- According to Collins English Dictionary, the definition of hubris is “an excess of ambition, pride”. Hubris is a person like Oedipus in this play who tricks himself. Throughout the story of Oedipus the king, Sophocles developed the story by building up the characteristic of each character from the start to made the story end as a tragedy. The protagonist, Oedipus, shows might and arrogance without acknowledging the truth. Oedipus’ hubris is responsible for the pollution that at the end leads to his downfall.... [tags: Sophocles, Oedipus, Oedipus the King]
1450 words (4.1 pages)
- In the play Sophocles’ Oedipus Tyrannus the tragic downfall of Oedipus the King brings forth the question was this outcome determined by his predestined fate or his own actions, and if he can be held accountable for his crime. The argument of Oedipus guilt or innocence dates back for centuries, yet there still is not a clear explanation to which side is accurate. King Laius of Thebes Oedipus’ biological father learned from the oracle that if he wed with Jocasta, he would perish at the hands of his son.... [tags: Oedipus, Oedipus the King, Jocasta]
1137 words (3.2 pages)
- Mythology in Oedipus Rex E. T. Owen in “Drama in Sophocles’ Oedipus Tyrannus” comments on the mythological beginnings of Oedipus Rex: Professor Goodell says: “Given an old myth to be dramatized, Sophocles’ primary question was, ‘Just what sort of people were they, must they have been, who naturally did and suffered what the tales say they did and suffered?” That was his method of analysis (38). The Greek Sophoclean tragedy Oedipus Rex is based on a myth from the Homeric epic Odysseus.... [tags: Oedipus the King Oedipus Rex]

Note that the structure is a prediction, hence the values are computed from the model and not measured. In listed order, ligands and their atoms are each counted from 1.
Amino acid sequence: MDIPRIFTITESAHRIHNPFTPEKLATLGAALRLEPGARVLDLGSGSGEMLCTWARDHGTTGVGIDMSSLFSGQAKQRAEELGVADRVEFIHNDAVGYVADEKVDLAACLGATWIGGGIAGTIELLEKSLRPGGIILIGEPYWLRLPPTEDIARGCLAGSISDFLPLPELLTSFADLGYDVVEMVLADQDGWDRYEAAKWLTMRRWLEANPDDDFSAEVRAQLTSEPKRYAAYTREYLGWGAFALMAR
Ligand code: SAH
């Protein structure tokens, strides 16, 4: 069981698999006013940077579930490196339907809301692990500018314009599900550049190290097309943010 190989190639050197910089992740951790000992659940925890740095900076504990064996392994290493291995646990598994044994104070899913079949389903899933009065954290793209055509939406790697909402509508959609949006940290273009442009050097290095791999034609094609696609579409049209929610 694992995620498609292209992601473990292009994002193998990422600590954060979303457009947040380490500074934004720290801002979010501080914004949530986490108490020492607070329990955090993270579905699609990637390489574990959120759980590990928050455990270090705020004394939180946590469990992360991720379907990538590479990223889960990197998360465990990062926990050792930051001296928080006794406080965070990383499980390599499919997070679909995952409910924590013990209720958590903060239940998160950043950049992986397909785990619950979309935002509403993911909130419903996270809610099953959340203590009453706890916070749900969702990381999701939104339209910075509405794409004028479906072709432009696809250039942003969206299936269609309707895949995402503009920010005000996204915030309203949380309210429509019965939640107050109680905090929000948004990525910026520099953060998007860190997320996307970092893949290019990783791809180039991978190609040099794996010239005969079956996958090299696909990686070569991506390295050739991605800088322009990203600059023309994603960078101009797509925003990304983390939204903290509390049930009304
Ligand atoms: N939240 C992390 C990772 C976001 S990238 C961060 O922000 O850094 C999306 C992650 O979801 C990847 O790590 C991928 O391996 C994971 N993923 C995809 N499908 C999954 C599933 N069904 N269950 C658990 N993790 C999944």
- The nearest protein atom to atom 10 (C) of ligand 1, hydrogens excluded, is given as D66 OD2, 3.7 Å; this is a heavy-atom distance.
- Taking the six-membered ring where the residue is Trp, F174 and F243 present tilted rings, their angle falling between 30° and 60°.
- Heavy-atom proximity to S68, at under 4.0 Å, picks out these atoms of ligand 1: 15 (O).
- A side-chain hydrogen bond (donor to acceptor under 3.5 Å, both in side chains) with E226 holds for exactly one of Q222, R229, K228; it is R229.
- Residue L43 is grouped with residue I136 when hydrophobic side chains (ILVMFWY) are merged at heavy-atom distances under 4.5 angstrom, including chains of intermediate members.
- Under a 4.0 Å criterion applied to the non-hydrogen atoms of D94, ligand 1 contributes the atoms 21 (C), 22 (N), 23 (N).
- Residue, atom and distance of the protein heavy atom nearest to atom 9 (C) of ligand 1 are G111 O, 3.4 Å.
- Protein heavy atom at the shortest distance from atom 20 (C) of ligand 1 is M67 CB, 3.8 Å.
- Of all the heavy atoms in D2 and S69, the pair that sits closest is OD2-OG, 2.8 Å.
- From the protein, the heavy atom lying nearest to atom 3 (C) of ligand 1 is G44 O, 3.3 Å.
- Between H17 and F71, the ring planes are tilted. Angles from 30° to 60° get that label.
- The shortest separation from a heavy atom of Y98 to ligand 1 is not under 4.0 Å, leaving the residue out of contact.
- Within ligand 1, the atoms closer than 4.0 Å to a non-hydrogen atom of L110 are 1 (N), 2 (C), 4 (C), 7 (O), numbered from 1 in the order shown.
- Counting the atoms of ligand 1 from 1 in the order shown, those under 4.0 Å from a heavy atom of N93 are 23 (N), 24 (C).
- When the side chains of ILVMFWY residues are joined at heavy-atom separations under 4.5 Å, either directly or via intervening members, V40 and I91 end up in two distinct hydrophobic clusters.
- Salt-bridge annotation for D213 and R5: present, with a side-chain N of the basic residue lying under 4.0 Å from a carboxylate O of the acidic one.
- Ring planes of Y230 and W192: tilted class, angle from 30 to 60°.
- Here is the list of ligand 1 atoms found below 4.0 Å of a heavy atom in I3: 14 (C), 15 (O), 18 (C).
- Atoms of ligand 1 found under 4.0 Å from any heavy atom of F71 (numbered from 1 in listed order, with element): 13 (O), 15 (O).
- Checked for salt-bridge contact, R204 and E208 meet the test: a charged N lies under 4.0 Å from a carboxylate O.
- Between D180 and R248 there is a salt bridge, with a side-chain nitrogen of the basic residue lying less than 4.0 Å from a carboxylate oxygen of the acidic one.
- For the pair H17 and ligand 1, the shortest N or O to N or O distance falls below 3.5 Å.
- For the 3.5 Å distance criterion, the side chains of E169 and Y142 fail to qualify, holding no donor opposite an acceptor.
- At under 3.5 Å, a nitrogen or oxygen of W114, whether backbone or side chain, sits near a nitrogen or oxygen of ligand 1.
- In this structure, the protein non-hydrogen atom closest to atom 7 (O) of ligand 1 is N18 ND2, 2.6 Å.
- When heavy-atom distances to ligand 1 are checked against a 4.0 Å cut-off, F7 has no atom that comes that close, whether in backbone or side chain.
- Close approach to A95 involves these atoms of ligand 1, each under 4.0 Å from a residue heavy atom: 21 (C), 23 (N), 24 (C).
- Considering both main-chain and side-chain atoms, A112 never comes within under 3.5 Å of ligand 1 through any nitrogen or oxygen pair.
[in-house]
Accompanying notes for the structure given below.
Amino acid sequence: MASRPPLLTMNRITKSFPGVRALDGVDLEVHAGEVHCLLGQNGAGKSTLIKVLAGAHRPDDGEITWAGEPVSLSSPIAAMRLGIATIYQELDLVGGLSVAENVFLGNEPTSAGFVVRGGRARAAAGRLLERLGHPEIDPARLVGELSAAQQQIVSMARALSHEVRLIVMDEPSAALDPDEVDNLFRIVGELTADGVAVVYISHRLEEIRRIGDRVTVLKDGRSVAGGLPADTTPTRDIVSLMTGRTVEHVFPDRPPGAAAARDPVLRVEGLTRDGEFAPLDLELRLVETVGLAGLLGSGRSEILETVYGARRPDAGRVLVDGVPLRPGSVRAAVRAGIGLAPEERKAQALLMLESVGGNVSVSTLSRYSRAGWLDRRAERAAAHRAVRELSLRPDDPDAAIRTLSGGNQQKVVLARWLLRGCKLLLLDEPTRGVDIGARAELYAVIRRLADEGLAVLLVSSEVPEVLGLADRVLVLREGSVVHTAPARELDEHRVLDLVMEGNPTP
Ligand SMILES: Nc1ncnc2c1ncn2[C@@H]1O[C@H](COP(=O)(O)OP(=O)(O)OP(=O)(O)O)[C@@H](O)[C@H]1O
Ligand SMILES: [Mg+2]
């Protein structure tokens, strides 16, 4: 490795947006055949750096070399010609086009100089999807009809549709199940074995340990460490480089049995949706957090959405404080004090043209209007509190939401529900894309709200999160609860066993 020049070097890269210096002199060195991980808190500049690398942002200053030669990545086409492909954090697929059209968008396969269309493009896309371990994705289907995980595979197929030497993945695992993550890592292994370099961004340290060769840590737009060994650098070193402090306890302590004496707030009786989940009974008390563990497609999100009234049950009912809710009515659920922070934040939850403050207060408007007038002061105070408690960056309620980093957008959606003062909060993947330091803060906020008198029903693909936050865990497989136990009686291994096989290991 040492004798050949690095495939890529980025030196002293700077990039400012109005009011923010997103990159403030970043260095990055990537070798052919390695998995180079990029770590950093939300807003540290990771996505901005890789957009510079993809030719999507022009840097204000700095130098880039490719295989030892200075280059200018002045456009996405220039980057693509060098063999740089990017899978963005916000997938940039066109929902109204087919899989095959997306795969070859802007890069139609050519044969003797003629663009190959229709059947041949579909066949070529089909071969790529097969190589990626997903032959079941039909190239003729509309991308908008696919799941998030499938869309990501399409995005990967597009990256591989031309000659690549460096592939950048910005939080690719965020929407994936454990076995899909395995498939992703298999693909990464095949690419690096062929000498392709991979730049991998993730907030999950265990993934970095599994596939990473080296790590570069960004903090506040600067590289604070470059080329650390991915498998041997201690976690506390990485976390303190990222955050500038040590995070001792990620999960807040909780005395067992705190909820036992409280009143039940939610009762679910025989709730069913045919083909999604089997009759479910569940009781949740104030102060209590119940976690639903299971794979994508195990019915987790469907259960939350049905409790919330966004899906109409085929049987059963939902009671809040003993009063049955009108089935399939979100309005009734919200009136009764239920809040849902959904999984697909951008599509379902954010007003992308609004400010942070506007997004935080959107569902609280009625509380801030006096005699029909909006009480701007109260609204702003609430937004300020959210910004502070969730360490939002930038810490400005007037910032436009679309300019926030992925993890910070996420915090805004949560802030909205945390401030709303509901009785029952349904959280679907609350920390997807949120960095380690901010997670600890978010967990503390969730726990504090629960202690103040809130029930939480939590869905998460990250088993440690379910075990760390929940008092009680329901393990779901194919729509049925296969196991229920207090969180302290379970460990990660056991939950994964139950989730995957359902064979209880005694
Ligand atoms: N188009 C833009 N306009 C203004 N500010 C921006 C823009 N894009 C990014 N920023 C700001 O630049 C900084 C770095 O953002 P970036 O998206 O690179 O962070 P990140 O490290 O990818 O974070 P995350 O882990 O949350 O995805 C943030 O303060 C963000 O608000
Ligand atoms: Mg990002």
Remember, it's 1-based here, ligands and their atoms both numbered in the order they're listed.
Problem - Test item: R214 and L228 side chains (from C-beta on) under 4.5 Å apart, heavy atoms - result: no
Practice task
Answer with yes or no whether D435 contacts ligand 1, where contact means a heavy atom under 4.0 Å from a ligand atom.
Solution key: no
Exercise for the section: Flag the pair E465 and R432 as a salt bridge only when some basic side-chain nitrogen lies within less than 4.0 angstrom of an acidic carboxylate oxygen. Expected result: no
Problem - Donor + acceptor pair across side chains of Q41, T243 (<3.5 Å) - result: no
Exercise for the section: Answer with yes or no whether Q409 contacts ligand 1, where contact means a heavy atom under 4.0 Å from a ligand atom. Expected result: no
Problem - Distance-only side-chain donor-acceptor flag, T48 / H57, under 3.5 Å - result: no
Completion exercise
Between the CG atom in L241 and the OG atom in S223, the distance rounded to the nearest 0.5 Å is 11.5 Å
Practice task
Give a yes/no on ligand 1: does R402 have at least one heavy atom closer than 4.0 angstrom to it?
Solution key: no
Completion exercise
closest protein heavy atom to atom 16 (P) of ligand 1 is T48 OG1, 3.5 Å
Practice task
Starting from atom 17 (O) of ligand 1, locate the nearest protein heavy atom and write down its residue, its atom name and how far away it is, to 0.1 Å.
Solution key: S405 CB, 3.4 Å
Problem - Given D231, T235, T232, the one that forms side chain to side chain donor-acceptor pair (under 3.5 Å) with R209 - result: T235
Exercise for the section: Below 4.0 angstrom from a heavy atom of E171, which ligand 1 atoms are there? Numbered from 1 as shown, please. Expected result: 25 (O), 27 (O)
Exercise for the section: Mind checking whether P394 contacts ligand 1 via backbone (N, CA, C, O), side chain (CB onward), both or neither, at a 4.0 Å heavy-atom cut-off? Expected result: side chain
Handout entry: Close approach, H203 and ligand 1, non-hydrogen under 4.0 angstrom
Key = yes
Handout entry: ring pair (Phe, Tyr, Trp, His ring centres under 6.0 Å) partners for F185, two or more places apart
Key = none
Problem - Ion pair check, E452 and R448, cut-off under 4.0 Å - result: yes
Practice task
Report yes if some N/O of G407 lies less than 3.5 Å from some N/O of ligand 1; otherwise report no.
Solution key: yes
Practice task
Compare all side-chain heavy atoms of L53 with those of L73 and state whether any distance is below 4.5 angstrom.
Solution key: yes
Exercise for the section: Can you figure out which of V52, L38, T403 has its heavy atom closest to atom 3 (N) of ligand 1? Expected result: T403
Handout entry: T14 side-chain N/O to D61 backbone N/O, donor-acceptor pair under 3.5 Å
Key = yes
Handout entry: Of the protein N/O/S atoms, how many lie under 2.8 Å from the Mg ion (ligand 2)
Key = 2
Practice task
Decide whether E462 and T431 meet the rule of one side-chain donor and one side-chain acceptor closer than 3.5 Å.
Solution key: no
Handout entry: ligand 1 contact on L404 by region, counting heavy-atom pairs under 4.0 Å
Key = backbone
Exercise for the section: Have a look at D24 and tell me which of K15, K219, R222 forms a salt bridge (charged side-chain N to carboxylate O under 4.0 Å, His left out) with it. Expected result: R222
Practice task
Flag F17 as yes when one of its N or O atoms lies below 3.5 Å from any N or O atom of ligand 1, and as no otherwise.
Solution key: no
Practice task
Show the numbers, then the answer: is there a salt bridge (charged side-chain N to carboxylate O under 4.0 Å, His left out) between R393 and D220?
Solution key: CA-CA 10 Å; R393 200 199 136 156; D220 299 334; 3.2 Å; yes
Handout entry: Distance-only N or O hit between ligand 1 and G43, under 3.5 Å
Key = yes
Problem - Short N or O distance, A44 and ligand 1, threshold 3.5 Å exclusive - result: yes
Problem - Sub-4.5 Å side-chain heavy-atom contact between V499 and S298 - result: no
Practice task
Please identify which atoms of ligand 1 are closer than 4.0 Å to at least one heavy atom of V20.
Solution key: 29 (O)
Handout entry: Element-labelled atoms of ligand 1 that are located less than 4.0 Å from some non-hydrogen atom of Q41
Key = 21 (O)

3973 words (11.4 pages)
- Mythology in Oedipus Rex In “The Oedipus Legend” Bernard M. W. Knox talks of the advantages accruing to Sophocles as a user of myths in his dramas: The myths he used gave to his plays, without any effort on his part, some of those larger dimensions of authority which the modern dramatist must create out of nothing if his play is to be more than a passing entertainment. The myths had the authority of history, for myth is in one of its aspects the only history of an age that kept no records.... [tags: Oedipus the King Oedipus Rex]
4088 words (11.7 pages)
- Oedipus the King, Sophocles’ classical Greek tragedy, presents tragic flaw(s) as the cause of the near-total destruction of the life of the protagonist. This essay examines that flaw. In his essay “Sophoclean Tragedy” Friedrich Nietzsche agrees that there is an “error” within the protagonist, but refrains from specifying exactly what it is: The most pathetic figure of the Greek theatre, the unfortunate Oedipus, Sophocles takes to be a noble man called to error and alienation in spite of his wisdom, yet called too, in the end, through monstrous suffering, to radiate a magic power rich in a blessing which works even after he passes on.... [tags: Oedipus the King Essays]
3574 words (10.2 pages)
- In Oedipus Rex, Sophocles explores the conflict between a man’s intellectual reasoning and the universe beyond his grasp. This may seem like a generalization, but the play’s minor conflicts are arguably derivatives of the main struggle. As we would see, the fate or destiny that opposes Oedipus does not act directly on him, but creates a domino effect that through other conflicts drive him to face his destiny by unearthing his true identity. Similar to the Sphinx’s riddle that gave power to Oedipus, he must travel the different stages of life in order to “know thy-self” (Rudnytsky 264).... [tags: Play Analysis]
734 words (2.1 pages)
- Novel Analysis of The Oedipus Trilogy Oedipus Rex, or Oedipus Tyrannus as it is in Latin, could be what we call today a Freudian work of literature. The Oedipus Trilogy was originally written by Sophocles and is meant to be told in a story-telling fashion. But this Grecian tragedy was revised and translated into English by Paul Roche and put into a novel form. The Oedipus Trilogy is a novel that deals with destiny and fate. The reader is shown a series of events plotted out from which Oedipus cannot escape.... [tags: essays research papers]
1209 words (3.5 pages)